Survived Stage IV Cancer, Now Climbed Kilimanjaro | reporting

Ten years ago, Tobi Sample was dying.

The stage VI cancer was not responding to treatments. His family decided to take one last vacation. She and her husband talked about palliative care. Tobi wrote letters for his daughters to read during important moments in their lives that they would live without their mother.

But Tobi Sample survived – and this month climbed one of the highest mountains in the world.

“I’m one of those patients who doesn’t always play by the rules, I guess,” she said Thursday.

Sample’s trek, living with her family in Indiana, USA, to the summit of Mount Kilimanjaro was both a fundraiser for a charity working in Rwanda and an opportunity to show herself how far she has come. arrived since his diagnosis. Sample, 49, is among countless people who have made the painful journey that follows such a serious illness, which forces them to face the uncertainty of living each day as a gift without knowing what tomorrow will bring.

His direct shock with mortality came in 2013, when he began living in excruciating pain. A tumor was pressing on her spinal cord. Another began to eat away at her collarbone. The only medicine available for her specific condition caused one of her tumors to quadruple in size.

At the foot of Kilimanjaro
REUTERS/Finbarr O’Reilly (archive)

That summer, she was dependent on supplemental oxygen and could barely get out of bed. Her family thought she had months to live.

It was just this strange twilight of doctor appointments and despair and panic and sadness.said her husband, Stephen Sample.

At the time, Stephen discovered a clinical trial that looked promising. He and his wife’s sister shared a list of participating hospitals and started calling. After a hospital in North Carolina accepted Tobi Sample to participate in their program, she began traveling from Southern Indiana to the site for treatments every three weeks for a year.

The new medicine worked. In 2015, an examination returned with miraculous news: Sample showed no signs of active disease.

Pain-free, she began to return to her pre-cancer life. She went back to running the half marathon, burned the letters she had written to her daughters. Then … she decided to climb Kilimanjaro for the benefit of Africa New Life, a Christian charity, through which she sponsored the education of a Rwandan girl.

Tobi’s doctor didn’t like the idea. He warned her that the erosion of the tumor on her arm meant she could break a bone just brushing her hair, let alone trying to reach a peak over 5895 meters high.


Her husband was less concerned. He said he knew she was tough, and he didn’t care about her bones or her body. Instead, he said, he warned the woman not to let her stubbornness lead to other problems, such as debilitating altitude sickness and the inherent lack of oxygen.

I’ve been married to her for 25 years, and one thing I’ve learned is that she always does what she says she’s going to do.says Stephen Sample. If anything goes wrong, she knows how to handle it.

Tobi Sample was initially supposed to climb the mountain in 2020, but the trip was canceled because of the covid-19 pandemic. With plenty of time to train, Sample devoted himself to running, with interval training to prepare. He hadn’t walked that far before, but he felt confident that he could make the trip.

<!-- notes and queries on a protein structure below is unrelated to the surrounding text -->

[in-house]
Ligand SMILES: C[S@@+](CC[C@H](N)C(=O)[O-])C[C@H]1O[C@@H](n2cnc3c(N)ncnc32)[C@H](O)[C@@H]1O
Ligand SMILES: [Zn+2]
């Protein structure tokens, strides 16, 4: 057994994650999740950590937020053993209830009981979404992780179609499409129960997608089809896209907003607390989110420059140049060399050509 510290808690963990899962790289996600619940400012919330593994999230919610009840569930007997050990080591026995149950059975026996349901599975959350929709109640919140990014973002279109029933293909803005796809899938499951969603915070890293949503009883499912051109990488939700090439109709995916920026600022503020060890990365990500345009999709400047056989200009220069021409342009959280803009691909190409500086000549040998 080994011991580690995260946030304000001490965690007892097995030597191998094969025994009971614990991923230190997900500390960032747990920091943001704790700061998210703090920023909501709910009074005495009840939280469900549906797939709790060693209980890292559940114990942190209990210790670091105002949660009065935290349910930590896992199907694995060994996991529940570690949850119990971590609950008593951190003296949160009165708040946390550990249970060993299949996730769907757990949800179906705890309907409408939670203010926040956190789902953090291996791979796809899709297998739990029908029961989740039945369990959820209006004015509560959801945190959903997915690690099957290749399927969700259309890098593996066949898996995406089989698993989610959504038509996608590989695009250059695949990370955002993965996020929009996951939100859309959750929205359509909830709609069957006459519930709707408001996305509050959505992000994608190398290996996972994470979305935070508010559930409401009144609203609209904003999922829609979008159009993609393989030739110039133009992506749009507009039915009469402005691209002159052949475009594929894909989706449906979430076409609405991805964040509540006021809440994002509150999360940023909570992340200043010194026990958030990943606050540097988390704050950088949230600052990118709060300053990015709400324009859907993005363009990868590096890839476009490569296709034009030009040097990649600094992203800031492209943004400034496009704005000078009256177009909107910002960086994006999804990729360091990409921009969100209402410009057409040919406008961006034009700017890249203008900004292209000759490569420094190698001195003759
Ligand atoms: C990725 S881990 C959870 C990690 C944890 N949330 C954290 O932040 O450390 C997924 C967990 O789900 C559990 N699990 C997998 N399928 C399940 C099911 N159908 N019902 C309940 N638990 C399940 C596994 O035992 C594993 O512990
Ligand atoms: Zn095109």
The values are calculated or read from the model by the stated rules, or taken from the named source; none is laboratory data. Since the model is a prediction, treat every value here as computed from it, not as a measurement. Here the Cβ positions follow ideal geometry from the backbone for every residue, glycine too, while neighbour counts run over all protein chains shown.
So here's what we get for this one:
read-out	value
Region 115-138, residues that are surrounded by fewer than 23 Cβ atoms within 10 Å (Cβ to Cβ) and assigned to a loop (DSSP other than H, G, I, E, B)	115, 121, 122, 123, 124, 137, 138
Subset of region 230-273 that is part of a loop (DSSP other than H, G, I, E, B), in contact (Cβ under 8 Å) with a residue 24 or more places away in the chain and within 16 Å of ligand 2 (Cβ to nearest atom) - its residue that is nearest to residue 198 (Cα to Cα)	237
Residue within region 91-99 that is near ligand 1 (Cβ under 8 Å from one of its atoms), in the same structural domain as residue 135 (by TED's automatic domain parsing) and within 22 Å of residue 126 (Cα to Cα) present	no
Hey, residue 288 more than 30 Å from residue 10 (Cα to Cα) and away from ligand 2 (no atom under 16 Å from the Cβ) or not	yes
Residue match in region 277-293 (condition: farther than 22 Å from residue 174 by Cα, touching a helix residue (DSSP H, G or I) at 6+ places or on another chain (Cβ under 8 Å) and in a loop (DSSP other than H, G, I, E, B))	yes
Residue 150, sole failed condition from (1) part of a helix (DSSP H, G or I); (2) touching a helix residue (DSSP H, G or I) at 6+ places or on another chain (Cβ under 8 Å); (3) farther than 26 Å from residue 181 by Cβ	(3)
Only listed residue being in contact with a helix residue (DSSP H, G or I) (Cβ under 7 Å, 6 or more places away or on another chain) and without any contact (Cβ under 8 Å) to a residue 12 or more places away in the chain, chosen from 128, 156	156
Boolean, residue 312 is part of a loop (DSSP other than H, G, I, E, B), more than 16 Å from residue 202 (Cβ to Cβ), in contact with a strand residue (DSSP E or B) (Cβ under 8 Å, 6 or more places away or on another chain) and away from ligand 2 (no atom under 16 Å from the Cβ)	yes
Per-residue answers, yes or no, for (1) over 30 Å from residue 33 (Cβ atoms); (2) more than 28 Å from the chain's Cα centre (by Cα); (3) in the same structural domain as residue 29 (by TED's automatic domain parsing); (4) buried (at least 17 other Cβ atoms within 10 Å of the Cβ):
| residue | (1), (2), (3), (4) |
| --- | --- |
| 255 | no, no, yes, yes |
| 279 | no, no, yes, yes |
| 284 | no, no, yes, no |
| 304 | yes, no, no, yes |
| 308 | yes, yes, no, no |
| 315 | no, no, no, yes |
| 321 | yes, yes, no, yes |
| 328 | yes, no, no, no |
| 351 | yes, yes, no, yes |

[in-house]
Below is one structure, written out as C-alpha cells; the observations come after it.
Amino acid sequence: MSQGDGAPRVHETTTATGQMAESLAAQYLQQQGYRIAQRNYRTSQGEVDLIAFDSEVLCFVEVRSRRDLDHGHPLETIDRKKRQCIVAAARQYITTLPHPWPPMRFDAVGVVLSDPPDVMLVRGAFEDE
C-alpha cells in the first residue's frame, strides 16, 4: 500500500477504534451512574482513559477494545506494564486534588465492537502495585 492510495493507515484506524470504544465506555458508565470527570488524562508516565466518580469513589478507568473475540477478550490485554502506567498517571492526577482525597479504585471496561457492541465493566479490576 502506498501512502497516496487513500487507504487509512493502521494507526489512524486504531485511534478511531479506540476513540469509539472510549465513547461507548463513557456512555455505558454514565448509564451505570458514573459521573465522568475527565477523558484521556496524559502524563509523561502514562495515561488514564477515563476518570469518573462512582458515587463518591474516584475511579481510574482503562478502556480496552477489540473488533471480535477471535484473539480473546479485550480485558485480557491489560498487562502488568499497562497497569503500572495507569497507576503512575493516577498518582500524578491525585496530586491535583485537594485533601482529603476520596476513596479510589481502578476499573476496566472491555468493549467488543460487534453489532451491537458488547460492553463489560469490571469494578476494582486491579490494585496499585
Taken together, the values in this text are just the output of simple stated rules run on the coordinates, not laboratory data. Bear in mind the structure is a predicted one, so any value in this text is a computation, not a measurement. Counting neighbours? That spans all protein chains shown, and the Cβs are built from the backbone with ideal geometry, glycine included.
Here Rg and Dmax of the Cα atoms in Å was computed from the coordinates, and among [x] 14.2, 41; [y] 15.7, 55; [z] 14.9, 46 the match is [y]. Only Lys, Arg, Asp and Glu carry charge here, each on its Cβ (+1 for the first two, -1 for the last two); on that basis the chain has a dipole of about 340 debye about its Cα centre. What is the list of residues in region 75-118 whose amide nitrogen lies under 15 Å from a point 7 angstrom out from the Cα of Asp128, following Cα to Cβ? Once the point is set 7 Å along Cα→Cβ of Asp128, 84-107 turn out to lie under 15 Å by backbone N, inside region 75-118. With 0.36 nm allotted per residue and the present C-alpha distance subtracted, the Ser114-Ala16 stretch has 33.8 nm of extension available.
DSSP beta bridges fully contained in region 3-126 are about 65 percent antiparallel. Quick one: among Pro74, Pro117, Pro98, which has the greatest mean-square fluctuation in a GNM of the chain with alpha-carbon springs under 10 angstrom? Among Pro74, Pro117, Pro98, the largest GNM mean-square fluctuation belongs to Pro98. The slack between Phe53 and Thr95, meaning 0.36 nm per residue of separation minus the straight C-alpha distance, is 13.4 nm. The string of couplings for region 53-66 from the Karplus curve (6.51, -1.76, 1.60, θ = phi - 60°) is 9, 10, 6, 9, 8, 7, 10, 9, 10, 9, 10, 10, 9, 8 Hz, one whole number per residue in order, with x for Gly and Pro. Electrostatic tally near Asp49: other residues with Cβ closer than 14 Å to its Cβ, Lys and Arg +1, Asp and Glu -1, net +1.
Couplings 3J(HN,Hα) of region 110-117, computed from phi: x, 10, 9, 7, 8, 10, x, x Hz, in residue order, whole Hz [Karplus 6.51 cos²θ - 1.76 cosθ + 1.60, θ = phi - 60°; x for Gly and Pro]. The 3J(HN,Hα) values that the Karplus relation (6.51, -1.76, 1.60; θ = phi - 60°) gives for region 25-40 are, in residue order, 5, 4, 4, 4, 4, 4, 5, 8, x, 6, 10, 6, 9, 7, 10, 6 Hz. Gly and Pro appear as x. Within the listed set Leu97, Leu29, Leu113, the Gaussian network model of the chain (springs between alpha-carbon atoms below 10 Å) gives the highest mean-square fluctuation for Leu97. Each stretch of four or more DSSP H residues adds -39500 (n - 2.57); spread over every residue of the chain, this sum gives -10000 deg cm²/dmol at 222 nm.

On February 1, Sample and 17 others set out on the Kilimanjaro trek in northeastern Tanzania. Most of the group walked for six and a half days: eight kilometers one day, ten the next, seven the next. They carried backpacks stuffed with all-weather clothing, while porters from a guide service carried the larger bags from one camp to the next.

Each day was like being on a different mountain, says Sample. Parts of the trip went through rainforest, while other parts required rock climbing. Throughout it all, the guides encouraged the hikers, reminding them to move polepole swahili to slowly.

Reuters (archive)

On the day scheduled to reach the summit, the group woke up from a brief sleep at half past midnight. They traveled by night and reached the top by day.

Sample had a terrible altitude headache and was desperate for sleep. But she felt enormous gratitude for what she had achieved, despite the doctors warning her that the cancer had torn her body apart.

I felt so grateful to be able to carry a 30-pound backpack, which I shouldn’t have been able to do.she said. There is no explanation for this.

After the walk, Sample flew the group to Rwanda for a celebration with the children they support. She had raised $13,945 (about 13,000 euros) for the Africa New Life food program and he was happy to see the money go to a community he had fallen in love with.

Betty Davis, a spokeswoman for the charity, said knowing what Sample had endured in her life helped bolster other hikers’ motivation when they struggled to keep going.

Those mountain days are really hardsaid Betty Davis. And knowing what she went through and what she accomplished and how God helped her through it is really extraordinary.

Tobi Sample, says her husband, is living a life that shouldn’t exist. She says that Tobi has spent a lot of time since her return trying to prove that she can not only live a normal life, but also grow as a person.

With his Kilimanjaro adventure behind him, Sample has the opportunity to decide his next big step now. One of her ideas is rooted in her experience over the last decade: inspired by her odyssey with melanoma, Sample dedicated herself to the work of an oncology nurse for a few years, helping other people with cancer to face the disease.

Her next adventure, she said, should be precisely to return to that mission.

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